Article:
Flowers at Bayan

Elephant bas relief at Bayan

Roots at Bayan

Bas relief detail, leaves, at Bayan

Buddha's face at Bayan temple

Small green plant at Bayan

Sunrise, Bayan

Sea turtle bas relief at Bayan

Sunrise at Bayan temple

Sunrise at Bayan temple

Sunrise at Bayan temple

Mossy figures, Terrace of the Leper King

Terrace of the Leper King

Khmer writing

Tumbledown walls

Green plant in the rubble

Elephant war bas relief

Spider webs

Stretched ears

Kala

Dusty insect

16
Mar 2013
POSTED BY admin
POSTED IN

Cambodia

DISCUSSION No Comments
status

Secret Sunrise at Angkor Wat

Siem Reap road sign

Everybody goes to the west gate watch the sunrise in front of Angkor Wat.

E-v-e-r-y-b-o-d-y (and their tripods).

But watch the sunrise from Angkor Wat? That requires sneaking around in the dark and paying a small… *cough*… “fee.” Ahem.

East facade at dawn

Our hearts raced with nervous energy as we entered the 900 year old temple alone, in pitch blackness. At one point, we stepped into a courtyard and paused because we thought we heard monks chanting. (Nope… we had just awakened all the mosquitoes in Cambodia.) Alicia wavered, sure that the instructions that a fellow traveler gave us would get us arrested, but Tony kept us on mission.

cobwebs

We made it up to the third, final, most sacred tier, the Bakan, just in time to hear the jungle come alive with the calls of strange birds and to see the bas reliefs illuminated by the red morning sun.

Sun peeking over the jungle canopy

Orange sunrise

Sun peeking over the jungle canopy

Wildflowers

Empty courtyard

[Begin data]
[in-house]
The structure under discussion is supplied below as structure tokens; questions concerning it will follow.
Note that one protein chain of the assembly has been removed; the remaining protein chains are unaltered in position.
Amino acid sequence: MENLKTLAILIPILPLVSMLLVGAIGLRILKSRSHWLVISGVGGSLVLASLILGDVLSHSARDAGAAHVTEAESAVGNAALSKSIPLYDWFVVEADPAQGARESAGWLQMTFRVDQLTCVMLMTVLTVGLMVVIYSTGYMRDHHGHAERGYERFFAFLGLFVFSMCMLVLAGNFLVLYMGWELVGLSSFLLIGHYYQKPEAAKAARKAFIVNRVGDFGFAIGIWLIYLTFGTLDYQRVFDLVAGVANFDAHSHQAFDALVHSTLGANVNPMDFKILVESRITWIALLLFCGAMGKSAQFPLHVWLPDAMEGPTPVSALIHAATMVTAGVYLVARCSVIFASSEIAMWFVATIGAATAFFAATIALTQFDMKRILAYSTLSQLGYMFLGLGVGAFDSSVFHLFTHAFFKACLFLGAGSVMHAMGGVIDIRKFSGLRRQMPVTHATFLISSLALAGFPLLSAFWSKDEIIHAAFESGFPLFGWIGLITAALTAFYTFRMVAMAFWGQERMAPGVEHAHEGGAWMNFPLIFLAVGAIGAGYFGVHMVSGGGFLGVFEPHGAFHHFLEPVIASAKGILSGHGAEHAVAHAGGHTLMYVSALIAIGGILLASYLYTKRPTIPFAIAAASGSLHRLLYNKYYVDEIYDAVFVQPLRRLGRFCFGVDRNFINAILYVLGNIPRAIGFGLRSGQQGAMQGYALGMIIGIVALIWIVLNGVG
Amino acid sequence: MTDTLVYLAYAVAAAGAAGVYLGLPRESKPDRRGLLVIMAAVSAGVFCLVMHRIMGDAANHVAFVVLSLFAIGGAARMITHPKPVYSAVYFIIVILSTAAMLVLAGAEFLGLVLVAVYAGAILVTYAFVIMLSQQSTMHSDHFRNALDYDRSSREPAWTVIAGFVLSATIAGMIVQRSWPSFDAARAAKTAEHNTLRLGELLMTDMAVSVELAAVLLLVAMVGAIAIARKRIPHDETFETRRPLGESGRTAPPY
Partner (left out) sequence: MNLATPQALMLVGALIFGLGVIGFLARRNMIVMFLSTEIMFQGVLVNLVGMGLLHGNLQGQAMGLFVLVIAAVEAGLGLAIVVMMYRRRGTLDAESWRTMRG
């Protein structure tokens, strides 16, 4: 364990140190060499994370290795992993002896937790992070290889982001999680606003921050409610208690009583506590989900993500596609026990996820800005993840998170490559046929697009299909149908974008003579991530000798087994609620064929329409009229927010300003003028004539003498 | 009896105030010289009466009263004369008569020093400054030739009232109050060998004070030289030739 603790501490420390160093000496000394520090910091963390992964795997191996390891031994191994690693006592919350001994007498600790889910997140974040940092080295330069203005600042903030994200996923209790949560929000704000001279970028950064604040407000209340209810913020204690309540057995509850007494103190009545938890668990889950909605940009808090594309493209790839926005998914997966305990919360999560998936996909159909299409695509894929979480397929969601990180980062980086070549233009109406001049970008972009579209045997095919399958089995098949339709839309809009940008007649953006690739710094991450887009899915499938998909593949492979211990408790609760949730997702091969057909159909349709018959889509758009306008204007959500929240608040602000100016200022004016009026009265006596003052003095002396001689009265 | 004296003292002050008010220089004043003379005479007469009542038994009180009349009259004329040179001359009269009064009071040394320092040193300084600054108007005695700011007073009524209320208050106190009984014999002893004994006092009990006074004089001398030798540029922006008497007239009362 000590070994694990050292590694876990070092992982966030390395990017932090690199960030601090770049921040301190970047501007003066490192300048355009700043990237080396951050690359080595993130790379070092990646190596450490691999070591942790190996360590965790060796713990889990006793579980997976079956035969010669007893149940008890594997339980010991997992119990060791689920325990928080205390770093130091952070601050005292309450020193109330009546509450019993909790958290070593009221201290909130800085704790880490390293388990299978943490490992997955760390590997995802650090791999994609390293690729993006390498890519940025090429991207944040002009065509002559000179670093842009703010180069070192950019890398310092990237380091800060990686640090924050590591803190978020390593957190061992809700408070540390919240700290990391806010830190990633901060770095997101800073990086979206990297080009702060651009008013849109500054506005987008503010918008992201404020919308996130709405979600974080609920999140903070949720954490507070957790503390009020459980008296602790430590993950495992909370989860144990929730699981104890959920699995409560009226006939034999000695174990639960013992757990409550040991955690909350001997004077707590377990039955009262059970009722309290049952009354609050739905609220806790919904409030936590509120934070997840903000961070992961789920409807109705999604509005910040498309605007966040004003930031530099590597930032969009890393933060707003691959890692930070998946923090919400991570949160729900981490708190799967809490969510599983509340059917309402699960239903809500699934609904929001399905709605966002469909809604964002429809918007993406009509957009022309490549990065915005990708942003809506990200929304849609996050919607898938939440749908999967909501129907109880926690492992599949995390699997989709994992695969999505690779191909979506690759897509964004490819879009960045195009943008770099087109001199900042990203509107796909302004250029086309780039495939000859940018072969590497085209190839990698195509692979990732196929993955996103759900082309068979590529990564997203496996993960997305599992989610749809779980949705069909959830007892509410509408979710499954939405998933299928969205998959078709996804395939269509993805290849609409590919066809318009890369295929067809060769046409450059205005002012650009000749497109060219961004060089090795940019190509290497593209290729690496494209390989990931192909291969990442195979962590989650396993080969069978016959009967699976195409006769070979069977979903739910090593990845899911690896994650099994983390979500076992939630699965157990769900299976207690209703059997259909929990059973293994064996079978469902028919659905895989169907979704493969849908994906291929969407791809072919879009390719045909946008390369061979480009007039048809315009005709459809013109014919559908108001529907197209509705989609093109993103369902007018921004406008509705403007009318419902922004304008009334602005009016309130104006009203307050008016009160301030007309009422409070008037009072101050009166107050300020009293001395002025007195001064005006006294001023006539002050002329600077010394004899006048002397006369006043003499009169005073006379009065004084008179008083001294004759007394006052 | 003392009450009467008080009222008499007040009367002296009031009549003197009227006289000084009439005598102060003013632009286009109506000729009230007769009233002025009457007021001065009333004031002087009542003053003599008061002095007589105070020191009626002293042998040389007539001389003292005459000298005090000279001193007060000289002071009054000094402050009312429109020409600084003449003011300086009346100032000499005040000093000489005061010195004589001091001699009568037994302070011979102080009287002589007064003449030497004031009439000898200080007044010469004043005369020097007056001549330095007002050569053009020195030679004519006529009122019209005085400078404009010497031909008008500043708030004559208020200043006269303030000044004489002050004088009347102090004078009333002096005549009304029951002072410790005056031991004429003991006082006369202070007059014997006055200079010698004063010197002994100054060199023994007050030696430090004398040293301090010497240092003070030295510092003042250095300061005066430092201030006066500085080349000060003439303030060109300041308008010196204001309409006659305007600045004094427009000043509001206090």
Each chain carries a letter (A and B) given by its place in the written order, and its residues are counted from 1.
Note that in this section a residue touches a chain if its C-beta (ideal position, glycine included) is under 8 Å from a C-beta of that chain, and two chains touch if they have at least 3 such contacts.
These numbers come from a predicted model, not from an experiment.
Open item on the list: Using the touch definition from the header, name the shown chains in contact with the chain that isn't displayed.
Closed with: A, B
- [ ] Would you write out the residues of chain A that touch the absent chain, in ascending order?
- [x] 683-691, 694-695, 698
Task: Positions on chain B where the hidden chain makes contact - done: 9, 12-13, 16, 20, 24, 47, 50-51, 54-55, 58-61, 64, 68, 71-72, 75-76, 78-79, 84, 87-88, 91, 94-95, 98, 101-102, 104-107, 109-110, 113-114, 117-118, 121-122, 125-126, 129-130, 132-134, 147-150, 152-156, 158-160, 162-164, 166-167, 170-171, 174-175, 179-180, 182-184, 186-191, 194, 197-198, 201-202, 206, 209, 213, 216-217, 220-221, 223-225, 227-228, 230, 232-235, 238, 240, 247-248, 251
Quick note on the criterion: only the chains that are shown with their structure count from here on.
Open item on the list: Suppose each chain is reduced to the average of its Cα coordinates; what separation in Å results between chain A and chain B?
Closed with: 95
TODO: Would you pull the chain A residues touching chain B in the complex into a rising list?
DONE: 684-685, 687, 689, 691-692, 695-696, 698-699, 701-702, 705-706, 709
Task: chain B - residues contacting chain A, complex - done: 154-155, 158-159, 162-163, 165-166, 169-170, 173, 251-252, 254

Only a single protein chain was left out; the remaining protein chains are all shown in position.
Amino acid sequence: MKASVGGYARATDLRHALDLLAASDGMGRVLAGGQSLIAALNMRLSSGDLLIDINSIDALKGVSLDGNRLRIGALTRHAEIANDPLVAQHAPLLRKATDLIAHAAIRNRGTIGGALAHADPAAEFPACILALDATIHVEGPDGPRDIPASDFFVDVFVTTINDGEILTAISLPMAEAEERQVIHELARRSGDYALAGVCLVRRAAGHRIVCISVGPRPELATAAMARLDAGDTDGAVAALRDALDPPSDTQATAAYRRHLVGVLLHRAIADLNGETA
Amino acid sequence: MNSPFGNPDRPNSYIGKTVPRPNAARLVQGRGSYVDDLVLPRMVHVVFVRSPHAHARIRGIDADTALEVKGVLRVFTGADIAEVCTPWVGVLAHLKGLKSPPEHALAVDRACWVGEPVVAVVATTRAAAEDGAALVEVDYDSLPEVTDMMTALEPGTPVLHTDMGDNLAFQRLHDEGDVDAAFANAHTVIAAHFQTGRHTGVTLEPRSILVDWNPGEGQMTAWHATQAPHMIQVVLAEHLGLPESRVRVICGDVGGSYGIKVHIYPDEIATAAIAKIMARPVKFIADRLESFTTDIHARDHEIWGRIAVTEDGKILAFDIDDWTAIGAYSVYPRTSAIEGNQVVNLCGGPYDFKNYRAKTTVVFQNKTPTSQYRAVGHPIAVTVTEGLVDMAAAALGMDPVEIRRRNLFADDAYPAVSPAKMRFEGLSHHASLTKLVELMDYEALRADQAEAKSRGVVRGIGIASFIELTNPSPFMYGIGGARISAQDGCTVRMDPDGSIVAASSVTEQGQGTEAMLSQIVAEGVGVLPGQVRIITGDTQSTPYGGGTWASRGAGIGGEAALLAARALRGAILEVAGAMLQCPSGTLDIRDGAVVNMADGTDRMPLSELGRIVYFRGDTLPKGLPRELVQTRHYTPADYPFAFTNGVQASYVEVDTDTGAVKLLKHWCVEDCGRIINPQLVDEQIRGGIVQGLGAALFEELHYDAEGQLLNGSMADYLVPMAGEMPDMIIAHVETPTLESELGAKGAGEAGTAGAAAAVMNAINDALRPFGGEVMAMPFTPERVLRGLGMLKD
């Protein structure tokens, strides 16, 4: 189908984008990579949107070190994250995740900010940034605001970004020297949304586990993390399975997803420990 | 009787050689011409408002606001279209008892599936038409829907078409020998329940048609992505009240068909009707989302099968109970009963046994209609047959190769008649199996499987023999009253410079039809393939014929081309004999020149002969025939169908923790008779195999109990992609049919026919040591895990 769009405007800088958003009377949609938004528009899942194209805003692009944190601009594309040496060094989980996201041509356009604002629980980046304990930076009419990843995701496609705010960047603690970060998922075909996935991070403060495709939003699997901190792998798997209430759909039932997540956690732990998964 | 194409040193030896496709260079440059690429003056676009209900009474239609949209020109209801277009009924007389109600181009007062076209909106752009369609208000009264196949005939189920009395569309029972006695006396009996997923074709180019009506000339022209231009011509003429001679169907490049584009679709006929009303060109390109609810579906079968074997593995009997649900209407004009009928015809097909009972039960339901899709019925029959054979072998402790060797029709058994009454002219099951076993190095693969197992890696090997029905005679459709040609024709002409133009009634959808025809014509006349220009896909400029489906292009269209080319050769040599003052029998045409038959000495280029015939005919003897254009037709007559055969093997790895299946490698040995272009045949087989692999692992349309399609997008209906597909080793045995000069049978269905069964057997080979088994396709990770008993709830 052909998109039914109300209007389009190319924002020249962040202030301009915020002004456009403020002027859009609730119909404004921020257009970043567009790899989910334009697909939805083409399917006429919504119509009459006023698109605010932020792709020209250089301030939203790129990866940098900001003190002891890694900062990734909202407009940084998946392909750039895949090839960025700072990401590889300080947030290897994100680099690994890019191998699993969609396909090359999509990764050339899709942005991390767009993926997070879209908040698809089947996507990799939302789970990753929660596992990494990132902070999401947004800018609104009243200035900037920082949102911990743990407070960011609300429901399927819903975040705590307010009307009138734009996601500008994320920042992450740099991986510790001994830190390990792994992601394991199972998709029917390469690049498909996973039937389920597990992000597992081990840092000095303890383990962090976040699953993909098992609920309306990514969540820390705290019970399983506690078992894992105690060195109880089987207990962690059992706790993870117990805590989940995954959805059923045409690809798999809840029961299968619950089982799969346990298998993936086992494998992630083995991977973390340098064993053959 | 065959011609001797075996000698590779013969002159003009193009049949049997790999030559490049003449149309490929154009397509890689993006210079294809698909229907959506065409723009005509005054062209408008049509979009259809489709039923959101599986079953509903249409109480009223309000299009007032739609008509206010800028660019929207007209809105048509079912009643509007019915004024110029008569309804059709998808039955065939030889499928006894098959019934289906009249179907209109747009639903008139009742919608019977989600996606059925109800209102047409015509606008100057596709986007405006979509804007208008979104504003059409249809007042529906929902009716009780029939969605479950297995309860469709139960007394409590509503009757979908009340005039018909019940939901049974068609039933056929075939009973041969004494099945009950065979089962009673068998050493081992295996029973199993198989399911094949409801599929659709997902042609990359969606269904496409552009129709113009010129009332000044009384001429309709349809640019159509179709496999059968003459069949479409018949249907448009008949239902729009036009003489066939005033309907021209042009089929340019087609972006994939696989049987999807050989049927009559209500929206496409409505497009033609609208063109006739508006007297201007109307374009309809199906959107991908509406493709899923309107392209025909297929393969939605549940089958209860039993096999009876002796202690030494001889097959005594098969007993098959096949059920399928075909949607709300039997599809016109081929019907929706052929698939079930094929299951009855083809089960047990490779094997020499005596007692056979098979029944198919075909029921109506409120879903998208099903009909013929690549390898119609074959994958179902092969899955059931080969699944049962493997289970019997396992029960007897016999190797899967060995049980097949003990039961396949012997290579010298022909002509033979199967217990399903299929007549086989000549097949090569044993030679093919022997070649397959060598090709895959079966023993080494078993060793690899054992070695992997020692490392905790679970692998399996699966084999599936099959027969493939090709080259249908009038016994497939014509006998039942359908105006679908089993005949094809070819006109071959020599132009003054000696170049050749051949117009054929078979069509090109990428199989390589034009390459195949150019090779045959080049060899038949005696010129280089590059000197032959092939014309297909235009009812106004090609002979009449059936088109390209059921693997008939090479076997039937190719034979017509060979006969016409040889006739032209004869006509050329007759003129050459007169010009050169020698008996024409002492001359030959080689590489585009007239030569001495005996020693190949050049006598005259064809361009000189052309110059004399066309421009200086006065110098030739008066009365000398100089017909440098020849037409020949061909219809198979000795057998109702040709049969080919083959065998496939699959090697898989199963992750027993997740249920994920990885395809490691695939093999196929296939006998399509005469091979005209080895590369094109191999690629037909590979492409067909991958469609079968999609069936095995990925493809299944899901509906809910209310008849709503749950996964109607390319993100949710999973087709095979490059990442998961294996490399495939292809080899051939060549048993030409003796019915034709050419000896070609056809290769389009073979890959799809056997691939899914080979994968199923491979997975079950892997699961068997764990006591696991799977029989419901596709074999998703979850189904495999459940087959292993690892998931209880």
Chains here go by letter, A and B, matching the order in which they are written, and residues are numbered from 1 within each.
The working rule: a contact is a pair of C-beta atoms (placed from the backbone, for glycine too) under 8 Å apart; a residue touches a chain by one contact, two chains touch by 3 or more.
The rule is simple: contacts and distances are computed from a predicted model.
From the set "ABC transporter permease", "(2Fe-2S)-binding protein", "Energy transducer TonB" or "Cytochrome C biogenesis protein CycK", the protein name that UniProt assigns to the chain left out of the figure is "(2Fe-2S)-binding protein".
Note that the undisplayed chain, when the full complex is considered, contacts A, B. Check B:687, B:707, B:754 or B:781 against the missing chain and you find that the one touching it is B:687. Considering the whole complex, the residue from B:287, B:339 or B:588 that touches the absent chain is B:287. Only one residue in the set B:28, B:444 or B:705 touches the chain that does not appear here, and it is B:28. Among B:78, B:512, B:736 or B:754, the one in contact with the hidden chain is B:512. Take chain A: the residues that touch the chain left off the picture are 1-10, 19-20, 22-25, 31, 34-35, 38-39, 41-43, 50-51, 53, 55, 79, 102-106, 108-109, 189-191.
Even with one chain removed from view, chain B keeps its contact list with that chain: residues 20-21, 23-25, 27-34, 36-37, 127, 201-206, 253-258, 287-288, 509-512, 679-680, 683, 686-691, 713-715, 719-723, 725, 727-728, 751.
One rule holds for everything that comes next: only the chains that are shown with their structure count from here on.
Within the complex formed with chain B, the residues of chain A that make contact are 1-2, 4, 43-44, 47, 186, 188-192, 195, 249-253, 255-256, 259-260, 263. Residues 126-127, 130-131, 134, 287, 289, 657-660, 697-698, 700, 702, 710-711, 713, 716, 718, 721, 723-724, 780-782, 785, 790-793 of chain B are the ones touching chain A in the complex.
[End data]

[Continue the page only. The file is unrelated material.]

We looked down at the hundreds of people gathered at the far end of the pond, grateful that we were not among them.

Hundreds of people gathered for sunrise

Tony waves

As soon as the sun was up, the guards quickly shooed us back down, presumably to avoid the scrutiny of the people who began filtering into the courtyard who might wonder why the posted opening times didn’t apply to us.

Apsaras at Angkor

Steep steps up Angkor

Facade lit by the morning sun

Empty corridor

Chedi along the east wall of Angkor

Us at east gate of Angkor Wat

After that great start, we were not too frustrated with the tour groups clogging the pathways through Ta Prohm (a.k.a. the Tomb Raider temple).

Big tour group at Ta Prohm

Poky straw hats

Goofy selfie

Ta Prohm corridor

Looking up

We experienced another peaceful (albeit more conventionally achieved) sunrise at Bayon Temple the following morning.

Bayon silhouette

Sun coming through the trees

Pink sun

Buddha at Bayon

Spider at Bayon

Bayon tree trunk

Apsaras on columns

Linga at Bayon

Bayon east facade

Buddha altar inside Bayon

Bayon face

Bayon face - vertical

Lens flare

Bayon face with jungle

Apsara at Bayon

Us at Bayon

We visited many other ancient Khmer temples around Siem Reap, but those two sunrise experiences were the best.

Kid sleeping

Tree roots

Interior shot

Colorful banner

One head left on the bridge

Disembodied feet at Preah Khan

Back entrance to Preah Khan

Tree through a hole at Preah Khan

Monkey and baby at Angkor

Terrace of the Leper King

Girls selling souvenirs

Angkor pass

Beard pass

15
Mar 2013
POSTED BY admin
POSTED IN

Cambodia

DISCUSSION 1 Comment
status

Deserted Beaches and Cham Towers in Quy Nhon